Now that a woman is applying for the most important job in the world, President Obama is right — we should at least ask ourselves the question and be honest with ourselves.

Photo by Justin Sullivan/Getty Images.

Not to flagellate ourselves for being bad, sexist idiots, but to try to identify a small, unconscious piece that might make life subtly harder for the women in our lives — and in public life.

If it's not there, then great! But it can't hurt to try and know one way or the other — and to work on it if it is.

It doesn't mean you have to vote for Hillary. It just means ... think about stuff. You know?

Like, just think about it. A little.

The stakes are too high not to at least wonder.

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I'm staring at my screen watching the President of the United States speak before a stadium full of people in North Carolina. He launches into a lie-laced attack on Congresswoman Ilhan Omar, and the crowd boos. Soon they start chanting, "Send her back! Send her back! Send her back!"

The President does nothing. Says nothing. He just stands there and waits for the crowd to finish their outburst.

WATCH: Trump rally crowd chants 'send her back' after he criticizes Rep. Ilhan Omar www.youtube.com

My mind flashes to another President of the United States speaking to a stadium full of people in North Carolina in 2016. A heckler in the crowd—an old man in uniform holding up a TRUMP sign—starts shouting, disrupting the speech. The crowd boos. Soon they start chanting, "Hillary! Hillary! Hillary!"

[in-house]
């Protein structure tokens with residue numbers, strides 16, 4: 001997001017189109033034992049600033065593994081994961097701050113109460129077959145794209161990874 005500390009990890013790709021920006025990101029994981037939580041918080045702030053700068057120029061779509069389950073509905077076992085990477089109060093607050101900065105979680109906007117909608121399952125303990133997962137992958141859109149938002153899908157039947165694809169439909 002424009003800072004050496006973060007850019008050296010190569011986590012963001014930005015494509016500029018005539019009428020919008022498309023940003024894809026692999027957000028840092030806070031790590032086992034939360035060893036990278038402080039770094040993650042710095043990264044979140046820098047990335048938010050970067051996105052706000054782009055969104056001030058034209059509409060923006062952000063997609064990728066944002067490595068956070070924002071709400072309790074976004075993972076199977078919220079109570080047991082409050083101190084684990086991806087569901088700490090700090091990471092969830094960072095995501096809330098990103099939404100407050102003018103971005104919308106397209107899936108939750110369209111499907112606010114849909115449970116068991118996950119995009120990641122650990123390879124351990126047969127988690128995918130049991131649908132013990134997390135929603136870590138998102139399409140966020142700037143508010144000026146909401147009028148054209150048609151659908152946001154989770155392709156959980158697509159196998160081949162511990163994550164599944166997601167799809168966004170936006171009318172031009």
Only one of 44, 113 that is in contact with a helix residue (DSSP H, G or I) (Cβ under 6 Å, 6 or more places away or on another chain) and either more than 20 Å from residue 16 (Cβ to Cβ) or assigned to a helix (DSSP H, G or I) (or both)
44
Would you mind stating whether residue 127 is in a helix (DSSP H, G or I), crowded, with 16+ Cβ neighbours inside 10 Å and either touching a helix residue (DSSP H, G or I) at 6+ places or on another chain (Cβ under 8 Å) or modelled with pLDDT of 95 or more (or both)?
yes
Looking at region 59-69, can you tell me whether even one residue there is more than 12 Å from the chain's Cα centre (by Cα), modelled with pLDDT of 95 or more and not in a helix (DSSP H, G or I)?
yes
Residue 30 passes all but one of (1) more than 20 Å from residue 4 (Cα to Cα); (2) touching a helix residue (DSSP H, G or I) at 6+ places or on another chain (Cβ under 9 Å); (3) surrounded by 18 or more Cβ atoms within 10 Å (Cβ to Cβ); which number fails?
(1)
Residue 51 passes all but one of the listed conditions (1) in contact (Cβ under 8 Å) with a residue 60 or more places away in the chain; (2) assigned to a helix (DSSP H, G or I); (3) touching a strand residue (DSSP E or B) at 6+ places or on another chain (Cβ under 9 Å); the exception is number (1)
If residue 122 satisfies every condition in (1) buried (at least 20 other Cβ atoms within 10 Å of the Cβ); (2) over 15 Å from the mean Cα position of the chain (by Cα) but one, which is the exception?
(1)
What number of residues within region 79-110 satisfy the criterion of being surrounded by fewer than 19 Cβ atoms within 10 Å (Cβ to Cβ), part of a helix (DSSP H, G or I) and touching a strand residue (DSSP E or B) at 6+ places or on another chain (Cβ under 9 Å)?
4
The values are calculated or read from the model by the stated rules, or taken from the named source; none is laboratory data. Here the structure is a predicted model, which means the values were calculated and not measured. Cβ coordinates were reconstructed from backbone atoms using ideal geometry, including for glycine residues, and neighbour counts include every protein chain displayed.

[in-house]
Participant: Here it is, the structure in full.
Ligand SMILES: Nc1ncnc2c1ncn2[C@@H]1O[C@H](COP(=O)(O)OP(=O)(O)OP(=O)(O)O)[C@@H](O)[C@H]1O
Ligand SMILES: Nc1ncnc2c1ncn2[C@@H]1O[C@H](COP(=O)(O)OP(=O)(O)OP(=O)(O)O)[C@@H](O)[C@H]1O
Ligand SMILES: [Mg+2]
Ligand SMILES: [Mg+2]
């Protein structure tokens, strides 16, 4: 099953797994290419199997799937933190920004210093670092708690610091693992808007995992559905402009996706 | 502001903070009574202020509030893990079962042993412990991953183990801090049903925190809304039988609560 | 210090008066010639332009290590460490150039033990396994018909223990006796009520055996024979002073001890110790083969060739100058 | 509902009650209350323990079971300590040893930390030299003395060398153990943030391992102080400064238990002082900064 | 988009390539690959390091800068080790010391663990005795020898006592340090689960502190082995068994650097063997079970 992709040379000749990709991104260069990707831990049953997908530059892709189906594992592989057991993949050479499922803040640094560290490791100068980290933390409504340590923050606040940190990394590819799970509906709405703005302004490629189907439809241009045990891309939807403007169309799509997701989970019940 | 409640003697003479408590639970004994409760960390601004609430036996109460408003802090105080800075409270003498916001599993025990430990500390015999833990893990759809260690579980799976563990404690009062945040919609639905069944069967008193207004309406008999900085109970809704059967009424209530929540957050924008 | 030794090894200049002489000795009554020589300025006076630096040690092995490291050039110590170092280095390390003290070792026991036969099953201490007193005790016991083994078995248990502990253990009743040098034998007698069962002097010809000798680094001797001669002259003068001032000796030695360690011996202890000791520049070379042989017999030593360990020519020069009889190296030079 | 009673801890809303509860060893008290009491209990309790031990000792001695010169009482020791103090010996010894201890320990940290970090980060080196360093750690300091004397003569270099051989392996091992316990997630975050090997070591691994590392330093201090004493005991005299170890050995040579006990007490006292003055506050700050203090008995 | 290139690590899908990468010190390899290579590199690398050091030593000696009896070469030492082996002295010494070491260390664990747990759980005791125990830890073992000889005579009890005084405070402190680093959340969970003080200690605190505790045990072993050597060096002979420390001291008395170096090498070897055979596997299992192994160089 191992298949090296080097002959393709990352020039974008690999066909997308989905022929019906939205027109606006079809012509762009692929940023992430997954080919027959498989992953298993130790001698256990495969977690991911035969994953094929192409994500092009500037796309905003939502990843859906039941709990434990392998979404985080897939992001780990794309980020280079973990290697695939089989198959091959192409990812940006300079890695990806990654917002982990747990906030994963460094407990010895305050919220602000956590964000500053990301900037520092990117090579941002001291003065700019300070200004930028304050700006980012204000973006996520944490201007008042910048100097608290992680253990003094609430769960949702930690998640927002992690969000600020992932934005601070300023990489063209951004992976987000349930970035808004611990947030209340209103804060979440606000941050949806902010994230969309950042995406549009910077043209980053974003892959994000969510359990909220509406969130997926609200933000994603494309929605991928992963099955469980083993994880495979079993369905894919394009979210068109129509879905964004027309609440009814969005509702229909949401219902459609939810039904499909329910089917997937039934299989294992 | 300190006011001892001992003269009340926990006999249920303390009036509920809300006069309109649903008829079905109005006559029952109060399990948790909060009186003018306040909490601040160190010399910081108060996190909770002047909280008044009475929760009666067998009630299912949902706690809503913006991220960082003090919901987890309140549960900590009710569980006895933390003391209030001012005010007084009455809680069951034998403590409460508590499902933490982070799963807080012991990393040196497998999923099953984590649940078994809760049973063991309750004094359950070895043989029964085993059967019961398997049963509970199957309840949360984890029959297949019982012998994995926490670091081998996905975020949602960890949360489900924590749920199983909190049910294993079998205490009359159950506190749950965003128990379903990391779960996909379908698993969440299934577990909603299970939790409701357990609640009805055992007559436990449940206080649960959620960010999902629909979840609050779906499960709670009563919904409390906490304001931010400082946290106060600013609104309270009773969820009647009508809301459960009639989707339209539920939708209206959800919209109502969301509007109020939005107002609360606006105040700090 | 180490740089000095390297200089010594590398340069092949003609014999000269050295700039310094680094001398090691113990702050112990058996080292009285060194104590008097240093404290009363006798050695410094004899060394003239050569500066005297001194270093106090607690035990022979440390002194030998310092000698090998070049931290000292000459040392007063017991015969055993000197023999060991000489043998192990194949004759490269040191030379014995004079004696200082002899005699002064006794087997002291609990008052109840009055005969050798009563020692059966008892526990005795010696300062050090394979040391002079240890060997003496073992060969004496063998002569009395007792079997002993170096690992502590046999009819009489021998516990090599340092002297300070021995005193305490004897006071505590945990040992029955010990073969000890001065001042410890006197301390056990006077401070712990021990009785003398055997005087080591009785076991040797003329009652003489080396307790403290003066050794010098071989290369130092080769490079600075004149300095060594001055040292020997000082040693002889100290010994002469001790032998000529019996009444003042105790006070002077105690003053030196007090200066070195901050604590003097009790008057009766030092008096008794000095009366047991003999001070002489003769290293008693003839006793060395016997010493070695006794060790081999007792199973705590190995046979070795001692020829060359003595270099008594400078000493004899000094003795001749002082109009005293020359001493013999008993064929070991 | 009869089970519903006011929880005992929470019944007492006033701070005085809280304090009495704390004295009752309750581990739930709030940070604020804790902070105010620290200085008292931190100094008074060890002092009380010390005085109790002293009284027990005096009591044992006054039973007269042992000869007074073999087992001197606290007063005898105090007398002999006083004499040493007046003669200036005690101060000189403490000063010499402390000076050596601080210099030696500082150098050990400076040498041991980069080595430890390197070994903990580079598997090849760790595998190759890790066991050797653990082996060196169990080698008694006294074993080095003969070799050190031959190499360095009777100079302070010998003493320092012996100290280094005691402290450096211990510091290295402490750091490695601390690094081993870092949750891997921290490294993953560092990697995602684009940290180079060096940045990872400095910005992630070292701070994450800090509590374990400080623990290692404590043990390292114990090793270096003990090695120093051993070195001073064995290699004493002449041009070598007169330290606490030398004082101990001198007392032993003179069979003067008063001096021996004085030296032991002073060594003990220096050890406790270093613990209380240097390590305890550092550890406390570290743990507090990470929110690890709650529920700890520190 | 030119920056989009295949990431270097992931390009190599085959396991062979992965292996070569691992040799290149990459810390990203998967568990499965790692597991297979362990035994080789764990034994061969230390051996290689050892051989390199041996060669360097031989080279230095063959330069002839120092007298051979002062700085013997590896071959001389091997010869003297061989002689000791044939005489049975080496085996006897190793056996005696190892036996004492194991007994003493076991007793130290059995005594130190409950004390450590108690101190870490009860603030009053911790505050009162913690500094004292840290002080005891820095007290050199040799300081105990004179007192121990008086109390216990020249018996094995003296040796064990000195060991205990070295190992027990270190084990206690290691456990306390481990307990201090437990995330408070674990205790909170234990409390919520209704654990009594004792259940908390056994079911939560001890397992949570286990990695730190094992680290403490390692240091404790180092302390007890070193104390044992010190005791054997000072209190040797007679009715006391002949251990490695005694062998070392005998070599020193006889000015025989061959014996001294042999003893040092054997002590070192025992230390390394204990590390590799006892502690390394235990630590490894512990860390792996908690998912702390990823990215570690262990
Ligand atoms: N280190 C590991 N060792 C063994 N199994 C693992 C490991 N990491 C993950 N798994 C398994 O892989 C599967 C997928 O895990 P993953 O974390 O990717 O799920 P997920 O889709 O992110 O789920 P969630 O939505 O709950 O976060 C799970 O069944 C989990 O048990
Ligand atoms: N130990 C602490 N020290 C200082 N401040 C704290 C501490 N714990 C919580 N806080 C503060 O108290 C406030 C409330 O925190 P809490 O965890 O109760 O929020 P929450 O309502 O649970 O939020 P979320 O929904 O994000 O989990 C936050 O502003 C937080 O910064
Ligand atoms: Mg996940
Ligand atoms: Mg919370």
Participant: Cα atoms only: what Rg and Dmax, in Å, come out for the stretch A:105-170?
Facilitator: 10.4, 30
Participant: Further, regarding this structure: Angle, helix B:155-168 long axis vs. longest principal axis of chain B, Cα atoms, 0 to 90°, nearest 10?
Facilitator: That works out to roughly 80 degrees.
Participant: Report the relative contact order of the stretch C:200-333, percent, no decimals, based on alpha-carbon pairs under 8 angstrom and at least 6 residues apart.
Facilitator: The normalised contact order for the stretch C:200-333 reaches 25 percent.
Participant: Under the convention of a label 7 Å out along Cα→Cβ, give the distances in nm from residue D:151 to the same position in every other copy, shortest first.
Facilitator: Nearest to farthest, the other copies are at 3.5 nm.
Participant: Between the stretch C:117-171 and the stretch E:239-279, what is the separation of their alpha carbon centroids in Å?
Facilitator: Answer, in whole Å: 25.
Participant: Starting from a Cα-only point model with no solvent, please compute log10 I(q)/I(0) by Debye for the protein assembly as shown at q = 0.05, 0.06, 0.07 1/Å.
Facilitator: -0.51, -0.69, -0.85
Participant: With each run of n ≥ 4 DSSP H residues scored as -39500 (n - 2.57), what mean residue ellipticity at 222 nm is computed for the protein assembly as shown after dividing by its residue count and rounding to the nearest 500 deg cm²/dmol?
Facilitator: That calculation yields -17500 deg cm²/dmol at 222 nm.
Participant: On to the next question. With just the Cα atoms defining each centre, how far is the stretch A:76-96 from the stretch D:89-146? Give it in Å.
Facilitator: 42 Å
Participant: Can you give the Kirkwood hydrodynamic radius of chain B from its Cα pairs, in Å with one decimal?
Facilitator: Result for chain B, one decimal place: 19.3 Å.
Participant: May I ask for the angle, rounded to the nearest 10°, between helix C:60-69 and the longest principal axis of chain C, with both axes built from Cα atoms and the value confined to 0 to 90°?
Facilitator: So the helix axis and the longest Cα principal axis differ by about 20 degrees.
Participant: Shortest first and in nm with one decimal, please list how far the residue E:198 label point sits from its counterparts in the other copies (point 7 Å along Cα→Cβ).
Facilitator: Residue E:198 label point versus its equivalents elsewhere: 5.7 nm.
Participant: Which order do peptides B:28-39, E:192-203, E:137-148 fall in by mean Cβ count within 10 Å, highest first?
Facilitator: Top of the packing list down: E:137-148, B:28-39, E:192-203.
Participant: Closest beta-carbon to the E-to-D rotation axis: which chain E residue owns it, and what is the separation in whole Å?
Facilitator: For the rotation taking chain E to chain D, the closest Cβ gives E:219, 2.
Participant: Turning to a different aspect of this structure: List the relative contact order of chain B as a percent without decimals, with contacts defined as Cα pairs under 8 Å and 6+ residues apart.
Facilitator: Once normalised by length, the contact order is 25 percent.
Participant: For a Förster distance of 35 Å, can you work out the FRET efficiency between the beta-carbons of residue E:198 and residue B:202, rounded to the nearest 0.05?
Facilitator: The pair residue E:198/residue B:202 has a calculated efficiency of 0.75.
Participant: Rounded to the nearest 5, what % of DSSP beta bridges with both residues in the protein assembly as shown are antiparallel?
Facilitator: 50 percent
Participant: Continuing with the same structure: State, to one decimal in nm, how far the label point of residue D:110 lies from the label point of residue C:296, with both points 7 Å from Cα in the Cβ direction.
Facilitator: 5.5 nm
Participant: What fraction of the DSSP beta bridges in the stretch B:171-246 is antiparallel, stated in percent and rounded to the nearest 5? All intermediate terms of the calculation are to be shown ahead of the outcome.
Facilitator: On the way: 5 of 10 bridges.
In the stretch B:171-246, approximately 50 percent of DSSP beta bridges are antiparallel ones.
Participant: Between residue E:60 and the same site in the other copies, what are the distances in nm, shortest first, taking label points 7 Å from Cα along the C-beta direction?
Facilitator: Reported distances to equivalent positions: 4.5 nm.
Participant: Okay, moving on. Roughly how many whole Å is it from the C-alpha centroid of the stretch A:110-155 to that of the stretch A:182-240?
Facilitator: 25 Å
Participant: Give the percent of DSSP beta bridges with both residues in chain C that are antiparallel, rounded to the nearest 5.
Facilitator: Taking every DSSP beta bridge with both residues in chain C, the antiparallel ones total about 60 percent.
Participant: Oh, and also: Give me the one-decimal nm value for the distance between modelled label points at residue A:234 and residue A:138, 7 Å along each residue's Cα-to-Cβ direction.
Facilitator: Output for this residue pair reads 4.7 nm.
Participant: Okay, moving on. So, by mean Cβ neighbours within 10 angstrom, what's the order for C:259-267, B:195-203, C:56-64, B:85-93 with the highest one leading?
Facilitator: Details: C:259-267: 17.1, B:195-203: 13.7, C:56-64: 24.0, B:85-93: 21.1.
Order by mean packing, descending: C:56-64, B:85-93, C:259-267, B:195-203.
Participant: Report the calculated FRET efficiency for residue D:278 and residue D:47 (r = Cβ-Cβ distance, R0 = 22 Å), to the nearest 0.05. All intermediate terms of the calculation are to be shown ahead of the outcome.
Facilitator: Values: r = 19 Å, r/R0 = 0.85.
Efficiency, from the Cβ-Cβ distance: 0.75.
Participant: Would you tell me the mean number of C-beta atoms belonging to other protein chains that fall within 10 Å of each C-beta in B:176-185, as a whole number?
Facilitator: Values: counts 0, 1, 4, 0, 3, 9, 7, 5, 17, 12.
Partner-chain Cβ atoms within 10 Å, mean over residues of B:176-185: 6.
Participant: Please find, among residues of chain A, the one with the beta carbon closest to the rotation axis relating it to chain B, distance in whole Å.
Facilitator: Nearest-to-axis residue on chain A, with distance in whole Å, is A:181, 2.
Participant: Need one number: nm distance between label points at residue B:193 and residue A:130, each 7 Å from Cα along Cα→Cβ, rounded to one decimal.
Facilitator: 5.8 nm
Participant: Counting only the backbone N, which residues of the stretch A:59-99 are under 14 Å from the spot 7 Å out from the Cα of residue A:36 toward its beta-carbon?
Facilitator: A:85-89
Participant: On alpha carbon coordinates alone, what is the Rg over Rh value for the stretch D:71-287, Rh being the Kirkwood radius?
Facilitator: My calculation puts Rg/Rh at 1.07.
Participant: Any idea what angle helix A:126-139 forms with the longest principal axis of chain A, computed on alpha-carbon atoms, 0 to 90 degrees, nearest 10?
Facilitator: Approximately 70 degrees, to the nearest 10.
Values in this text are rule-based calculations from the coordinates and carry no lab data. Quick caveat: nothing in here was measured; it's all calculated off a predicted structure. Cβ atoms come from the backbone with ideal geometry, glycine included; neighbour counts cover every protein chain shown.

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via EarthFix / Flickr

What will future generations never believe that we tolerated in 2019?

Dolphin and orca captivity, for sure. They'll probably shake their heads at how people died because they couldn't afford healthcare. And, they'll be completely mystified at the amount of food some people waste while others go starving.

According to Biological Diversity, "An estimated 40 percent of the food produced in the United States is wasted every year, costing households, businesses and farms about $218 billion annually."

There are so many things wrong with this.

First of all it's a waste of money for the households who throw out good food. Second, it's a waste of all of the resources that went into growing the food, including the animals who gave their lives for the meal. Third, there's something very wrong with throwing out food when one in eight Americans struggle with hunger.

Supermarkets are just as guilty of this unnecessary waste as consumers. About 10% of all food waste are supermarket products thrown out before they've reached their expiration date.

Three years ago, France took big steps to combat food waste by making a law that bans grocery stores from throwing away edible food.According to the new ordinance, stores can be fined for up to $4,500 for each infraction.

Previously, the French threw out 7.1 million tons of food. Sixty-seven percent of which was tossed by consumers, 15% by restaurants, and 11% by grocery stores.